The first thing that the router needs is access to a phone line and power. This limits the placement options within the city parks and other public properties, according to Fischer. The router’s range is also reported to be significantly smaller than originally conveyed to staff.
In early meetings, Frontier said that the router’s range would be approximately 300 to 500 feet. In actuality, the range is significantly less in optimal conditions reaching a maximum of 250 feet.
Due to the much smaller range than anticipated and the obvious obstructions of buildings, staff recommended placing the router at Central Park.
Discussion took place by the council about the location of the router, with some questioning the use of the hotspot at the park during the winter months.
“I’d prefer it downtown,” Council Member Betsy Stolfa said. It was noted having it downtown may be an incentive for a business to locate there.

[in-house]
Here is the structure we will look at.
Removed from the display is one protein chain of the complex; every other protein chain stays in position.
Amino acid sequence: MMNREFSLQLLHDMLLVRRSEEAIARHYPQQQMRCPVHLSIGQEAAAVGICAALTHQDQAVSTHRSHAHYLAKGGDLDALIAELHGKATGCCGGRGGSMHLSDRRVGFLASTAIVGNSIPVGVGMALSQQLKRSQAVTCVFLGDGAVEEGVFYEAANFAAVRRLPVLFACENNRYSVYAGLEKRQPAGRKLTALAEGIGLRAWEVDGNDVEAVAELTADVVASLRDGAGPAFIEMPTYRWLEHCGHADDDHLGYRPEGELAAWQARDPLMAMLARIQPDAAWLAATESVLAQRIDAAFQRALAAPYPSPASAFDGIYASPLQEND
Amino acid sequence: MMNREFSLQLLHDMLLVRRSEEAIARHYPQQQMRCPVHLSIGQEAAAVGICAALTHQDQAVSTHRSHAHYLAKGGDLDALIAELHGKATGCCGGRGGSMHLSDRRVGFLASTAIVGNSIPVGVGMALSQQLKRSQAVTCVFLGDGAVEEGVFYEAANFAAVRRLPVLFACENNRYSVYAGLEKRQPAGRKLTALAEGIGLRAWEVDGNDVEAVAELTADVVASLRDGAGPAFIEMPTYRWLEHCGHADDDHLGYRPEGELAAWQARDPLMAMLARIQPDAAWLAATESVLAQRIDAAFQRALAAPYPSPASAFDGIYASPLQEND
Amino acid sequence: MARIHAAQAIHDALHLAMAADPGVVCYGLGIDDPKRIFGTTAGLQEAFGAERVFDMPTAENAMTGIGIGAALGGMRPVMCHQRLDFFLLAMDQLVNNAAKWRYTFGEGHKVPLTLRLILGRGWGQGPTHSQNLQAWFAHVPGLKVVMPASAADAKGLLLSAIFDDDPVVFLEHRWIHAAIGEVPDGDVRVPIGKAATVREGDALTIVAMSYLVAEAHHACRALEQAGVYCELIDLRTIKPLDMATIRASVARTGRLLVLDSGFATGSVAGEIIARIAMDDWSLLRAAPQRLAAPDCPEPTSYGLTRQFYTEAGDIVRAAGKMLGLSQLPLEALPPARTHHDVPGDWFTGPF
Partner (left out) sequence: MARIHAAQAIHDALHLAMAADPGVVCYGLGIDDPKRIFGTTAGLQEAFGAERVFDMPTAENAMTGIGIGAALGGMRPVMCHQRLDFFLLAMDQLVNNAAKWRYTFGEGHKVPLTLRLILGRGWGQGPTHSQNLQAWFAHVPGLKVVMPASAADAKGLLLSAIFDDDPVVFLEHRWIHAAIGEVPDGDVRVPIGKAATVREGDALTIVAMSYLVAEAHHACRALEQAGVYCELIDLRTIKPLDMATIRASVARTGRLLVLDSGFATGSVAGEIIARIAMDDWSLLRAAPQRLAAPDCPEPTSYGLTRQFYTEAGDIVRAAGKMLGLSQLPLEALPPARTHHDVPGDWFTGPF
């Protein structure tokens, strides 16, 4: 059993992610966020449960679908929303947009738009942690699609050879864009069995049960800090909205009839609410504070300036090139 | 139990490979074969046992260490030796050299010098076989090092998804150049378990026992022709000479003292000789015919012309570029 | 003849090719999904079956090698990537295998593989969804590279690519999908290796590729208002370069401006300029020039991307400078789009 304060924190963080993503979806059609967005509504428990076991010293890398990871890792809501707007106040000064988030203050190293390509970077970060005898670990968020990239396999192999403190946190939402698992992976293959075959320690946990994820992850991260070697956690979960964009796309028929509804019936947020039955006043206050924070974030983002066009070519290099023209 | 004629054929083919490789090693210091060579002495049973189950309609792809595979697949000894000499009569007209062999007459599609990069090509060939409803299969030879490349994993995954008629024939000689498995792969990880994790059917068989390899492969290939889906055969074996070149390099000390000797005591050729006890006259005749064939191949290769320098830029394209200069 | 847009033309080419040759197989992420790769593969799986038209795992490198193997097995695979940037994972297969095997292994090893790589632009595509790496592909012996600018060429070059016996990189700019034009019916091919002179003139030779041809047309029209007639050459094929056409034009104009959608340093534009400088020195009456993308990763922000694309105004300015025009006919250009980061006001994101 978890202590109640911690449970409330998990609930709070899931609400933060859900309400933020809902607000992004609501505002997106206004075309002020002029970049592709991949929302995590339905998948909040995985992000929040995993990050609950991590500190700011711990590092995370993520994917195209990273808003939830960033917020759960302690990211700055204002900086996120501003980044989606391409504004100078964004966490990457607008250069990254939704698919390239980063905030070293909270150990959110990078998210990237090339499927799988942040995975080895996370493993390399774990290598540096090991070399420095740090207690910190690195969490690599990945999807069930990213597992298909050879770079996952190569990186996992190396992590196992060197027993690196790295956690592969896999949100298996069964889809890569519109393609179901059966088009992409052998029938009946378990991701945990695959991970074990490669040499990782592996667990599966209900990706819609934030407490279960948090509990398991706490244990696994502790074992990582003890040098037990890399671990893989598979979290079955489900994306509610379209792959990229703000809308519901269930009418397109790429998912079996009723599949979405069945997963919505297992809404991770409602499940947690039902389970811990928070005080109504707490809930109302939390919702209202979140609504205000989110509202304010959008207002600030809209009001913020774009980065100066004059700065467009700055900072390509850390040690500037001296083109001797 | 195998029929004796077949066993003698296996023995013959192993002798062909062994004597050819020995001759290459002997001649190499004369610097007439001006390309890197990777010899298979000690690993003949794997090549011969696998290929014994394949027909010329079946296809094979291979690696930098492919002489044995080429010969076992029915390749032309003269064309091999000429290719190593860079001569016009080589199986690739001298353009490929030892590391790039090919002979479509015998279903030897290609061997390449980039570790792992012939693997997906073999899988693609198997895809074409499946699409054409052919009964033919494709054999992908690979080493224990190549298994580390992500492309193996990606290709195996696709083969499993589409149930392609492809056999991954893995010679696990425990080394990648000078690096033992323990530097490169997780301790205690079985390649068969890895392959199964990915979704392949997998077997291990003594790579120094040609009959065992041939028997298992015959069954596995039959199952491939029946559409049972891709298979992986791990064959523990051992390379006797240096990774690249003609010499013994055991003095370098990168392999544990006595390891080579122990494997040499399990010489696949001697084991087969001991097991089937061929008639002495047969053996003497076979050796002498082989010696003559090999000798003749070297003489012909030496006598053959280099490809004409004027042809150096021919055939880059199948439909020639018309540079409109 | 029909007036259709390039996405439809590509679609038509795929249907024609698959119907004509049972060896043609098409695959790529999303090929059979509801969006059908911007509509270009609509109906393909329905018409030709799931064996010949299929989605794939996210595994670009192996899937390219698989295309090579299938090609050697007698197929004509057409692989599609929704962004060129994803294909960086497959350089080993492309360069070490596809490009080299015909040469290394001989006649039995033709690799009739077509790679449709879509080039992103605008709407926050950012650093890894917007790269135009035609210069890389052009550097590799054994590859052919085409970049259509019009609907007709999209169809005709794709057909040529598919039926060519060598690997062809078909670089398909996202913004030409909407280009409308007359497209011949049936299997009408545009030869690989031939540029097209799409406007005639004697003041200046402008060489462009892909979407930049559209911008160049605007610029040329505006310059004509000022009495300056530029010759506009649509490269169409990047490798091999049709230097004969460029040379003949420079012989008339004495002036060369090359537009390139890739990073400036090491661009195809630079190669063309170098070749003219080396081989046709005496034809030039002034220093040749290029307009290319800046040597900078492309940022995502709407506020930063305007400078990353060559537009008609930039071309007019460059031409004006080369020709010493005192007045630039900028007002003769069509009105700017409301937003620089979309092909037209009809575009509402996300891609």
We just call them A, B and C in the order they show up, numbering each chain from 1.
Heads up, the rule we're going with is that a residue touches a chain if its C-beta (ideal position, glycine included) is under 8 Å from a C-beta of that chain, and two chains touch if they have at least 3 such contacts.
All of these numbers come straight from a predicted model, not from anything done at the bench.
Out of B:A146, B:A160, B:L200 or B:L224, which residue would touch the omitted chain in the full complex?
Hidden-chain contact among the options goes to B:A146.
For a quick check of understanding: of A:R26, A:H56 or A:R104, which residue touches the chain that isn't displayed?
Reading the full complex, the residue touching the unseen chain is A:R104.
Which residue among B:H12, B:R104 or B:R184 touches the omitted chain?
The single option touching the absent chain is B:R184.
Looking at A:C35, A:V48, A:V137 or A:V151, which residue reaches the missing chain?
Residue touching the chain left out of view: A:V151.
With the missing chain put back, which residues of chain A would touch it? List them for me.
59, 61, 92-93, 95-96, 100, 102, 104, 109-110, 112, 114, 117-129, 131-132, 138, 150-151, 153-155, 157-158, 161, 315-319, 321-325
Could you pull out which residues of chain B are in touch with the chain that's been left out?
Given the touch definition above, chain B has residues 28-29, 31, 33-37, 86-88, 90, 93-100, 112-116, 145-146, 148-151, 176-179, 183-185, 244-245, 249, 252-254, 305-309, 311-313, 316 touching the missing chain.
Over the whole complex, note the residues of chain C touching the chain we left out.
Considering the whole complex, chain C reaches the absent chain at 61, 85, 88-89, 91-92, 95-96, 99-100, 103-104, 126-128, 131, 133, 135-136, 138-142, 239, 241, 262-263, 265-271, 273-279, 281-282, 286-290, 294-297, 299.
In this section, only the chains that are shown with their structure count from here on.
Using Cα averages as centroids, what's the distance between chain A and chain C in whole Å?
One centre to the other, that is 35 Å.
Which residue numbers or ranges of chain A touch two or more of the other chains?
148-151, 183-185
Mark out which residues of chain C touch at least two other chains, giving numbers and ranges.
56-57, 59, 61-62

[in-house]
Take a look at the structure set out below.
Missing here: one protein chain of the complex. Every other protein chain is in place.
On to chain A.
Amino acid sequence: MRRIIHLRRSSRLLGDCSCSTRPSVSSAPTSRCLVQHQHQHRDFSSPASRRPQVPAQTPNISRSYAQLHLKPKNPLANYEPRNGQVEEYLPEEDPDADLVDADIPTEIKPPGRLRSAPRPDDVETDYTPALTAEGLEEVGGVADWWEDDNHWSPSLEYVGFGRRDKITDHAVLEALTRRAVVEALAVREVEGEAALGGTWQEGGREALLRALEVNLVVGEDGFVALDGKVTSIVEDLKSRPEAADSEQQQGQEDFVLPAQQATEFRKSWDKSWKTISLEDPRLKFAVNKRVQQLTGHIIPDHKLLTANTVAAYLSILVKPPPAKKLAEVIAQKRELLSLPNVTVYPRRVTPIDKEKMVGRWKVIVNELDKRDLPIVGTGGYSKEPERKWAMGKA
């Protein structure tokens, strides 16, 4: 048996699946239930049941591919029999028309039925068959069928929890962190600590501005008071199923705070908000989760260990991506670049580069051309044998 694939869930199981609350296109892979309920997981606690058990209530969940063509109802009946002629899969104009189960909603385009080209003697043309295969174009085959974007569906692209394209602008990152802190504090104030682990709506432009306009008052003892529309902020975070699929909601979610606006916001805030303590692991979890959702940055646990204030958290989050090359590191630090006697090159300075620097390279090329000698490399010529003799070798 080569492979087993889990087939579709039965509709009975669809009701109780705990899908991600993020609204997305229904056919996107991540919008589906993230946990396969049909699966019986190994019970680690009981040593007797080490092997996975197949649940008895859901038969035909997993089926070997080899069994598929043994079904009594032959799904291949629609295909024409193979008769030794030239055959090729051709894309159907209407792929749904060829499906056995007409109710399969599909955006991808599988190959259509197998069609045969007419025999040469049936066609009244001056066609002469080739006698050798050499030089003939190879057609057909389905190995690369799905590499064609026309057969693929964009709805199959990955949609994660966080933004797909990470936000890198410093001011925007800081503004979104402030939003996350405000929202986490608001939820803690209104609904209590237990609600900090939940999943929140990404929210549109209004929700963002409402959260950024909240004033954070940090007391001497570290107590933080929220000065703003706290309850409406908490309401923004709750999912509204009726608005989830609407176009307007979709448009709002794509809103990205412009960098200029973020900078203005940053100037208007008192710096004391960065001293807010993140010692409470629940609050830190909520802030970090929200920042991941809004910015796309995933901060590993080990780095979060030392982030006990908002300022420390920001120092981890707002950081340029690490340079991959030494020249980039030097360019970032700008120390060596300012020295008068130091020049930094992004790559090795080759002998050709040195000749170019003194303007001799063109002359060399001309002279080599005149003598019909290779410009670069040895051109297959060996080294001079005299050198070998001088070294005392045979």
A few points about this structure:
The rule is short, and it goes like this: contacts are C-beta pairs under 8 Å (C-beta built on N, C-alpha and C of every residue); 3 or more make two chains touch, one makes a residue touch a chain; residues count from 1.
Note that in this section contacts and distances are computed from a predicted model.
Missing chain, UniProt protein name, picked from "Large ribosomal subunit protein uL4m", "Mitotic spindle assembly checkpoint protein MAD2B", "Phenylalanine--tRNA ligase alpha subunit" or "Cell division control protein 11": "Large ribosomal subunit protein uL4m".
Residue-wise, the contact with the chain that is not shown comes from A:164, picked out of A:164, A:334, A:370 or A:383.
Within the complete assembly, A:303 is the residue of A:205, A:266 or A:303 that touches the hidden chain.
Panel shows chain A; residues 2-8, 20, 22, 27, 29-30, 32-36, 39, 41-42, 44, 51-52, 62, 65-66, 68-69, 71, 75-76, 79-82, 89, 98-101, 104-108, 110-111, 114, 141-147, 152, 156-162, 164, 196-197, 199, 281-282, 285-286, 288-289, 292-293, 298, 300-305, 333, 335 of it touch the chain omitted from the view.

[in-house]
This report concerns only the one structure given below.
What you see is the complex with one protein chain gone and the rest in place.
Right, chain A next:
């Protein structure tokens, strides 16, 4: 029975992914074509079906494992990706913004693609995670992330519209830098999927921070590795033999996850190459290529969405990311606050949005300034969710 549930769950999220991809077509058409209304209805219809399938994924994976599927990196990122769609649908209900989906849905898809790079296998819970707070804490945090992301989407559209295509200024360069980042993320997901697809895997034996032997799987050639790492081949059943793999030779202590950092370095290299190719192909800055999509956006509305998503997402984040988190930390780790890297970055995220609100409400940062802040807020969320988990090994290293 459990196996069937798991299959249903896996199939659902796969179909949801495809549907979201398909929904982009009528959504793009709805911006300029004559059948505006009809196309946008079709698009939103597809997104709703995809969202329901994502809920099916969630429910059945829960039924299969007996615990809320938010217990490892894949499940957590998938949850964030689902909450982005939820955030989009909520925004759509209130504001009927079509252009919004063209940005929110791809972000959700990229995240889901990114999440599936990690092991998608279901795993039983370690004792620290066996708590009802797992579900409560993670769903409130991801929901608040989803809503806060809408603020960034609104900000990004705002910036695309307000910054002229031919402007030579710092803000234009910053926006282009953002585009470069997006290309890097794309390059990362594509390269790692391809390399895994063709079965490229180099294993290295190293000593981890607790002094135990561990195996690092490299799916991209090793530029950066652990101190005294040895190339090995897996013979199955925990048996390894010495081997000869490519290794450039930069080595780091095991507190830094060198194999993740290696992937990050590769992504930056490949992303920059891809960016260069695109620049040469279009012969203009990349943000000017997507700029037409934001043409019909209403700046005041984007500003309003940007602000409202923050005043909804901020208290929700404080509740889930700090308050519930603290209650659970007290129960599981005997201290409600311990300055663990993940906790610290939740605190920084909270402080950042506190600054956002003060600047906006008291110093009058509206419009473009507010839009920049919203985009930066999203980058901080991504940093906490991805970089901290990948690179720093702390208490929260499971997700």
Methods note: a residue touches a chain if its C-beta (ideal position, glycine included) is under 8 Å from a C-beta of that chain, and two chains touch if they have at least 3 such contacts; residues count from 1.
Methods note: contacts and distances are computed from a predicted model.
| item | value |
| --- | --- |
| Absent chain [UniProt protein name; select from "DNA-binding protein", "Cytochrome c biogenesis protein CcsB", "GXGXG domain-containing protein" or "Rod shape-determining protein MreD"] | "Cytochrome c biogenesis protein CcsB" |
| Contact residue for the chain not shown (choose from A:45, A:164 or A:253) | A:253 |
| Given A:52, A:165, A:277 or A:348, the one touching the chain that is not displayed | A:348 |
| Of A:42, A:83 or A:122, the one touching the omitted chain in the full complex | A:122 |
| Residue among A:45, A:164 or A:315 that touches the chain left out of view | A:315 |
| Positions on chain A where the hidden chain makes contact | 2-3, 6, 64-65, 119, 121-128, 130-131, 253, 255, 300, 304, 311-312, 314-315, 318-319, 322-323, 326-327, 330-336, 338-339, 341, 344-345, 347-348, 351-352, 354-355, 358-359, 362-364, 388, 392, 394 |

Further discussion took place about the signal, with the odds of it reaching far enough to be of value to a potential new business not likely. The council then took action to locate the hotspot at Central Park.
Former ‘Daily Grinde’ site study sent to MPCA
The council approved the submittal of a limited site investigation done by Mark Millsop and Associates of the former Daily Grinde site on Highway 12 to the Minnesota Pollution Control Agency (MPCA).
Last year, MPCA notified the City of Delano that it would need to conduct a Limited Site Investigation (LSI) on the Daily Grinde property, according to a memo to the city council from Fischer.
The city acquired the property as part of Highway 12 construction and demolished the structure. The LSI was triggered because of two underground storage tanks found at the site.
Millsop’s report identified a number of pollutants found at the site, according to the memo. The levels of contamination were identified as being “above action level,” meaning the city would be required to further monitor the site to ensure the contaminants are not infiltrating the water supply of the Crow River.
Fischer said while city staff understands the importance of sound environmental stewardship, there have been some objections to the ultimate recommendations included in Millsop’s report.